Sound and Effective Regulatory Framework

Few factors can reduce investors’ enthusiasm more than unclear policies and regulatory frameworks. Renewable energy development must be enabled by a range of supportive fiscal and regulatory models, which allows the creation of an open and competitive market. In 2019, international consulting company Pöyry conducted a study alongside the Renewable Energy Solutions for Africa Foundation, which aimed to recommend areas of improvement for countries looking to implement an efficient renewable energy policy. After conducting research throughout a wide sample of developed and developing countries, the study found that perceived investor risk can be lowered by implementing policies involving clarity about operators’ roles and about market functioning rules; dedicated renewable energy sources regulations, such as the Renewable Portfolio Standard, and priority of dispatching and connection; a competitive market; the introduction of Independent Power Producers; and the adoption of auction mechanisms.

Integrated Assessment Models are tools that can serve policymaking, since they allow for simulating the long-term implications of present efforts to reach climate change mitigation and economic development goals in a combined framework. They can be used to guide medium-term decisions in attempts to achieve a variety of long-term objectives.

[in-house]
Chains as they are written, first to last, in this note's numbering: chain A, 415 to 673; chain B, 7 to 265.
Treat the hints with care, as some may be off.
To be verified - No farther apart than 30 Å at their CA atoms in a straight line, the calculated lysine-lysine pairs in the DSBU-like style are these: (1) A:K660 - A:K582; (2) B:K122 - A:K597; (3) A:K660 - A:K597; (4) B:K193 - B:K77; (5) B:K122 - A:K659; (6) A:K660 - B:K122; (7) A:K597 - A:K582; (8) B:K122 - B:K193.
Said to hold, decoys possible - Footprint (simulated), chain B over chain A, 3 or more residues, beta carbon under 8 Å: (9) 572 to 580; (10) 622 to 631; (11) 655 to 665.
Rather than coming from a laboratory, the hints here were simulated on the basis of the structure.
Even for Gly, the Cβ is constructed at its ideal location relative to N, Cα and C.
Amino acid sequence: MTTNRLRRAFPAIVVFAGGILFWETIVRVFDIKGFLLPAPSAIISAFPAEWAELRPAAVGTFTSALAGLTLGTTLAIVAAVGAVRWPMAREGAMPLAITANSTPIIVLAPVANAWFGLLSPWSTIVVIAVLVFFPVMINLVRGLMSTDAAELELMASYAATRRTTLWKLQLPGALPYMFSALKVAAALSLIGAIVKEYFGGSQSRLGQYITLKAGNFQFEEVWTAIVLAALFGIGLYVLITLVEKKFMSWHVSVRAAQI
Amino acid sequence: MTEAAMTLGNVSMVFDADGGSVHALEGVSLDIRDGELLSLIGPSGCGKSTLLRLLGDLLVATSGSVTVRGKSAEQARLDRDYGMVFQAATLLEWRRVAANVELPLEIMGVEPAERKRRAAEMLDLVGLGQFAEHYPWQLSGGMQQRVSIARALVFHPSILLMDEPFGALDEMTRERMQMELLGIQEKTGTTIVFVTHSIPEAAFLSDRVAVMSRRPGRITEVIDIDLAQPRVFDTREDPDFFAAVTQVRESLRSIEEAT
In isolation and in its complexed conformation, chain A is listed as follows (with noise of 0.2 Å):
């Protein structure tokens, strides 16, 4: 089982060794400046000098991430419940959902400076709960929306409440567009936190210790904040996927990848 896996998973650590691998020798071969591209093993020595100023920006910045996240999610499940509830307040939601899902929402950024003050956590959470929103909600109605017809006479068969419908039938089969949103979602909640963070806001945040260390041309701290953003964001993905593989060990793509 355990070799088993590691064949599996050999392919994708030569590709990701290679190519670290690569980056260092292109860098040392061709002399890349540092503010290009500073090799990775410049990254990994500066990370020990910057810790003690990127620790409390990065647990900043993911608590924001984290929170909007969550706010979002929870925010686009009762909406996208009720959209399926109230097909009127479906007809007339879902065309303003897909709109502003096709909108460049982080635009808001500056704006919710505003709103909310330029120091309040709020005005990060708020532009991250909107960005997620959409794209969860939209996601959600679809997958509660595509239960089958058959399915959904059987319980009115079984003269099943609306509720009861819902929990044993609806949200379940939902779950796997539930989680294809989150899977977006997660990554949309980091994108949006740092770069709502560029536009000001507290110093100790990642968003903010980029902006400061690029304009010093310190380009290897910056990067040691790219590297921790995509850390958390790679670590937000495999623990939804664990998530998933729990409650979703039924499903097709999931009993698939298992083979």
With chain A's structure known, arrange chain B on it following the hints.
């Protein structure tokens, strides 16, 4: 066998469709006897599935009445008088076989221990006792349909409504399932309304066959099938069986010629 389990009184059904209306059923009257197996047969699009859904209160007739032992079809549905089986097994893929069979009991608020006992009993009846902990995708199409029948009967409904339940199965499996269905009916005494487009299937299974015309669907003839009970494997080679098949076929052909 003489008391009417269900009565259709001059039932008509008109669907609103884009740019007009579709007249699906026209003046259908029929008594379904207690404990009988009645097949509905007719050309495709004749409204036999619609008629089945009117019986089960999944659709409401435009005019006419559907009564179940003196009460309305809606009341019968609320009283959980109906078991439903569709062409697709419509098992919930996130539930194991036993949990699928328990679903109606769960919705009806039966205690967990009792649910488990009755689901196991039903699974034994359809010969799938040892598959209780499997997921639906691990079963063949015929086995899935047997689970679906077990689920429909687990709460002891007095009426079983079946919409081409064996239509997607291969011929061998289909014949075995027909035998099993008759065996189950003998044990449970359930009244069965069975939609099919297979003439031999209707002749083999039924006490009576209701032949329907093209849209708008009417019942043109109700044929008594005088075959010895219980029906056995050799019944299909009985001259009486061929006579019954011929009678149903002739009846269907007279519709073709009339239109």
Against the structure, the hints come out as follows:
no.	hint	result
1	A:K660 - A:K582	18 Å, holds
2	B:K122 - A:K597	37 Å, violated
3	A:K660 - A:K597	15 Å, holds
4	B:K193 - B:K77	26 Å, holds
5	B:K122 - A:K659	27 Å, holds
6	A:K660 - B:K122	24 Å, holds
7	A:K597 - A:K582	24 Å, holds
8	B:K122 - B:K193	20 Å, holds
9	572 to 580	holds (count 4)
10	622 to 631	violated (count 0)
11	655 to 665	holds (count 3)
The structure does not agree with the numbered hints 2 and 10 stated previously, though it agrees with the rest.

Financial Instruments

De-risking financial tools is an important component of increasing investment attractiveness. Financial de-risking means partially or totally transferring the potential negative impact of a negative event to other parties involved.

Such is the role of risk insurance or guarantees offered by development banks, for example. The need to make renewable energy investment financially attractive for the private sector has inspired the development of a wide variety of public instruments. These public instruments can come at a cost to the industry, to consumers or to the taxpayer. The challenge is to design packages of public instruments which can cost-effectively catalyze private investment. Major commitments have been made in the past half-decade by a number of African countries including Senegal, Kenya, Morocco and Egypt, in terms of renewable power generation capacity, modernized renewable energy framework and other substantial initiatives.

While the continent as a whole still sees a long road ahead to meet the United Nations’ Sustainable Development Goals and the Paris Agreement climate change targets, stronger political will for renewable energy development is spreading across Africa with various initiatives being seen at a nationwide level. Investment opportunities are immense, and government leaders have committed to renewable development.